Any verbal exchange is flawed without non-verbal clues. A lot of the vehemence displayed in the cited threads is due to a break-down in communications. I have no doubt that another pizza, and several more beers, would serve admirably to resolve the differences between us. Oh, the differences would remain. But I suspect that although we probably wouldn't end up with any kind of agreement, the rancor would have been avoided.

In the meantime, I will continue to post my thoughts here because ... well, because I can, even though it seems somehow mastubatory.

I will continue to post my thoughts on forums, because at least then I'm the recipient of some feedback, it allows me to reconsider my position in the light of feedback which is (perhaps, and hopefully) not "null-value".

However, it would be nice if my friend would understand that I am always right, and he is always wrong.

Or is it the other way around?

Stay tuned.

UPDATE 22-DEC-2004
My friend has replied with great indignation and in what I belief is sometimes known as "a state of high dudgeon"

Personally curious, I looked up the word in GuruNet:

dudg·eon1 (dŭj'ən) pronunciation

A sullen, angry, or indignant humor: “Slamming the door in Meg's face, Aunt March drove off in high dudgeon” (Louisa May Alcott).

[Origin unknown.]

dudg·eon2 (dŭj'ən) pronunciation
  1. Obsolete. A kind of wood used in making knife handles.
  2. Archaic.
    1. A dagger with a hilt made of this wood.
    2. The hilt of a dagger.

[Middle English dogeon, possibly from Anglo-Norman.]

Well, I'm not quite sure what to make of that, or even which definition should be implied. But I digress.

The friendly-but-indignant response to my original post ended with the wish:

In closing, may your turkey be tender, your eggnog exhilarating and your moments under the mistletoe mushy.
I suppose it would be funny Bad Just Plain Wrong insensitive for me to suggest:
"Here's a Bounty, clean it up."

Friday, December 17, 2004

expose yourself to Practical Shooting ... and this is my new first choice for a photo for my profile, if I could just figure out the *!&@@!!! coding to put it in there!

So what do you think? Is this better than a picture of me and SWMBO, or a picture of the Marlboro Man for a profile picture?

Wednesday, December 15, 2004

Shoot 'em in the back!

Here's an example of what appears to be a violation of IPSC rule:

Shot in the Back!

(Updated 12/17/2004)

Tuesday, December 14, 2004

More Blog Meat

The Coalition to Prevent Assault Weapon Violence

If Guns cause Violence, here's your chance to prove it. Be a volunteer!
Check out the FAQ page. You'll love it.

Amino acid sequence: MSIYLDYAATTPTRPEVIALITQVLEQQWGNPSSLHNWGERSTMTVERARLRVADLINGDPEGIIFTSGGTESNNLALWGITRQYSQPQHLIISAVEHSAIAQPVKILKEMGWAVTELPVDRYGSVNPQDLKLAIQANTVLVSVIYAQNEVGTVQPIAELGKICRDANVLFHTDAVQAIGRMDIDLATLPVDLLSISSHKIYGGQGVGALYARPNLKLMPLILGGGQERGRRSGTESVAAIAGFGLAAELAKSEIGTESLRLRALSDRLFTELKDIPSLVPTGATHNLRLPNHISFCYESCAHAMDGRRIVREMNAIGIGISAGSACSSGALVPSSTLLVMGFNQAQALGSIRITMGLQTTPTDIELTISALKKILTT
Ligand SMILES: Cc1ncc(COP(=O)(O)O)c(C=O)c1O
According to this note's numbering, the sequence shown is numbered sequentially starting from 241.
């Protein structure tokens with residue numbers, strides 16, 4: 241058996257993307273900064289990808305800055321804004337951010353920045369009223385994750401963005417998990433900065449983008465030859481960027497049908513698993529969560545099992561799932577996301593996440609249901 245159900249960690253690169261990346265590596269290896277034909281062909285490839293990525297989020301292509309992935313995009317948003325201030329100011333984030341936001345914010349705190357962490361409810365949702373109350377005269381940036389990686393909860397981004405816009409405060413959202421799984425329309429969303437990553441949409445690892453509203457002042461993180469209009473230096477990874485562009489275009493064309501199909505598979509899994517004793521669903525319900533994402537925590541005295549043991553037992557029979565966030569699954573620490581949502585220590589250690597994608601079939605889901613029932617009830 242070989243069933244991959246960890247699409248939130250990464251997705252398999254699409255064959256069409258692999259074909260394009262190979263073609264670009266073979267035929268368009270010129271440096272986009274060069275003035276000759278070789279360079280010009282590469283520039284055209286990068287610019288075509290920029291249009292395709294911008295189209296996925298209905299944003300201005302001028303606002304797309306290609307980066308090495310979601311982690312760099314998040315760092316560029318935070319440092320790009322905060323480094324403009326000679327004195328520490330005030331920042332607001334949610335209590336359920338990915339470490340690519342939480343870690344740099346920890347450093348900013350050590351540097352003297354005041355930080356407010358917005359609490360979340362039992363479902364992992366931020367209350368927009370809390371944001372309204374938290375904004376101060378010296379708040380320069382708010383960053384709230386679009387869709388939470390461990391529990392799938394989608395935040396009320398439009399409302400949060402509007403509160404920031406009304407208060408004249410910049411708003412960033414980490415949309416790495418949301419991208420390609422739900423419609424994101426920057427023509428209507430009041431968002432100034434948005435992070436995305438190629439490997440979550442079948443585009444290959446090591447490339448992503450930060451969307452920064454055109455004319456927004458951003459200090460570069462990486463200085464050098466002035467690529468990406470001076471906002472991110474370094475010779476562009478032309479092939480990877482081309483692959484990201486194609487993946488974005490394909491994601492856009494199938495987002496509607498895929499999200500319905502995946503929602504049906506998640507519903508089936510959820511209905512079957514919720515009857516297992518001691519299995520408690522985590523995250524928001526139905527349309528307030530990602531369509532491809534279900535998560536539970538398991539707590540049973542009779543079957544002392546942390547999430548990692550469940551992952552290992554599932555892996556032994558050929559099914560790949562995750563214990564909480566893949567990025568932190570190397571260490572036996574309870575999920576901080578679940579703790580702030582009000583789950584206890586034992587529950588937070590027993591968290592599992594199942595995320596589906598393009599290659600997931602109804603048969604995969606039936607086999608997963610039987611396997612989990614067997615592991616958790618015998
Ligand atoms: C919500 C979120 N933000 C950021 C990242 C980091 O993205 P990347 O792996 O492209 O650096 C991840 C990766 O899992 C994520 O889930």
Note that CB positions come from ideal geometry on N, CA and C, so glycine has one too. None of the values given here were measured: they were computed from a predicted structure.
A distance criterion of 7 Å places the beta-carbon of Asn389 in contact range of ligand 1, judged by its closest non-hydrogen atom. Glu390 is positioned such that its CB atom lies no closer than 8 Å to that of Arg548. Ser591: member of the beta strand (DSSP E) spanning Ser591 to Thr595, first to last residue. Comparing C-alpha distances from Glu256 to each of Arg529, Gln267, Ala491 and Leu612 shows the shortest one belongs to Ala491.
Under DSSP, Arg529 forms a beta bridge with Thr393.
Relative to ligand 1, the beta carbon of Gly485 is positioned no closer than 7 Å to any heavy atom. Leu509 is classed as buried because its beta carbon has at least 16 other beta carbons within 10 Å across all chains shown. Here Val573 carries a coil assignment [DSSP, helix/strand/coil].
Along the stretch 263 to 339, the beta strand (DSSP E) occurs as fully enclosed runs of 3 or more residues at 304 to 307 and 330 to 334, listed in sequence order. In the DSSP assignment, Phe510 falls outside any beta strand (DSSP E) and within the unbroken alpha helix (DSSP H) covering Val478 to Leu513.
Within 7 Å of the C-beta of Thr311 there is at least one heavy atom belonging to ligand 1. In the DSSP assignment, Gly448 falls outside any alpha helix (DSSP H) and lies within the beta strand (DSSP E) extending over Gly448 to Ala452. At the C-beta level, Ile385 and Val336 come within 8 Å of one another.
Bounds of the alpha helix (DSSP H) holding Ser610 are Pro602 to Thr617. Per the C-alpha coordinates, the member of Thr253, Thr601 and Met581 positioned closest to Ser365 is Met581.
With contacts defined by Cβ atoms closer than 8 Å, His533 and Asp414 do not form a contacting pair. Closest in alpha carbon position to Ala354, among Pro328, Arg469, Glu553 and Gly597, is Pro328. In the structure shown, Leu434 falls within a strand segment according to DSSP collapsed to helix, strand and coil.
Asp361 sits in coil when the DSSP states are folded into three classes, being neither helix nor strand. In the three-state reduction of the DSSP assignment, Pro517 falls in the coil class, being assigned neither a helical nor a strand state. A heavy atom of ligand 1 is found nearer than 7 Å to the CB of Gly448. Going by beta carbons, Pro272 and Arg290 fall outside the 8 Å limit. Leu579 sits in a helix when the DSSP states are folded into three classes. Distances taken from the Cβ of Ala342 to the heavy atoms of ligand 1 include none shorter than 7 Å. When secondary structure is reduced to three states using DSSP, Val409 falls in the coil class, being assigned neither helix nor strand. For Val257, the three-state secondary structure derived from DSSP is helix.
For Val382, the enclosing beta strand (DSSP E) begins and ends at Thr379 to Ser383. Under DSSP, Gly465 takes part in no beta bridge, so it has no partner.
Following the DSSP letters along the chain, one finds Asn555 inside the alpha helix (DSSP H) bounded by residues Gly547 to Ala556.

(Hat-tip to Dave the WIZ of The Unofficial IPSC List)


Robber Gets A Surprise From Potential Victim

(Hampton, VA, December 14th, 2004, 6:54 a.m.) On the Peninsula, it's the bad guy lying in a hospital bed, while his intended victim is unscathed.

Hampton Police say it's a case of an armed robber going after the wrong guy. Instead of a Hampton man becoming the victim of an armed robbery, Hampton Police say he turned the tables on his attacker. In the parking lot behind the "Treasure Chest" nightclub on East Pembroke Avenue, police drew circles around empty shell casings, drawing the conclusion that 22-year old Tony Kensler, Jr. Newport News pulled-out a gun to rob a man, just to be surprised that his intended victim fought back.

In case it's not obvious, this is what "Concealed Carry" is all about, folks.

(The Second Amendment is the same thing, except on a bigger scale. That's for when governments try to rob you, kill you, or otherwise attempt to deprive you of your civil liberties.)

On the day when "... it's a case of an armed robber going after the wrong guy ..." applies to ALL armed robbery attempts, armed robbery will cease to be a viable career path.

That man had a permit for a concealed weapon, and he's the one who got off the shots, hitting Kensler in the arm, leg and chest. Police say it was self defense, and those who we spoke with agree. Sarah Daniel lives nearby, "I think he had every right to do what he did. If someone came up to me, I'd use any means of self defense that I had." Charli is an employee of the club, but wasn't working the night of the shooting. Still, she has an opinion, "I think the bad guys need to have something happen to them for a change, instead of always have some innocent person die."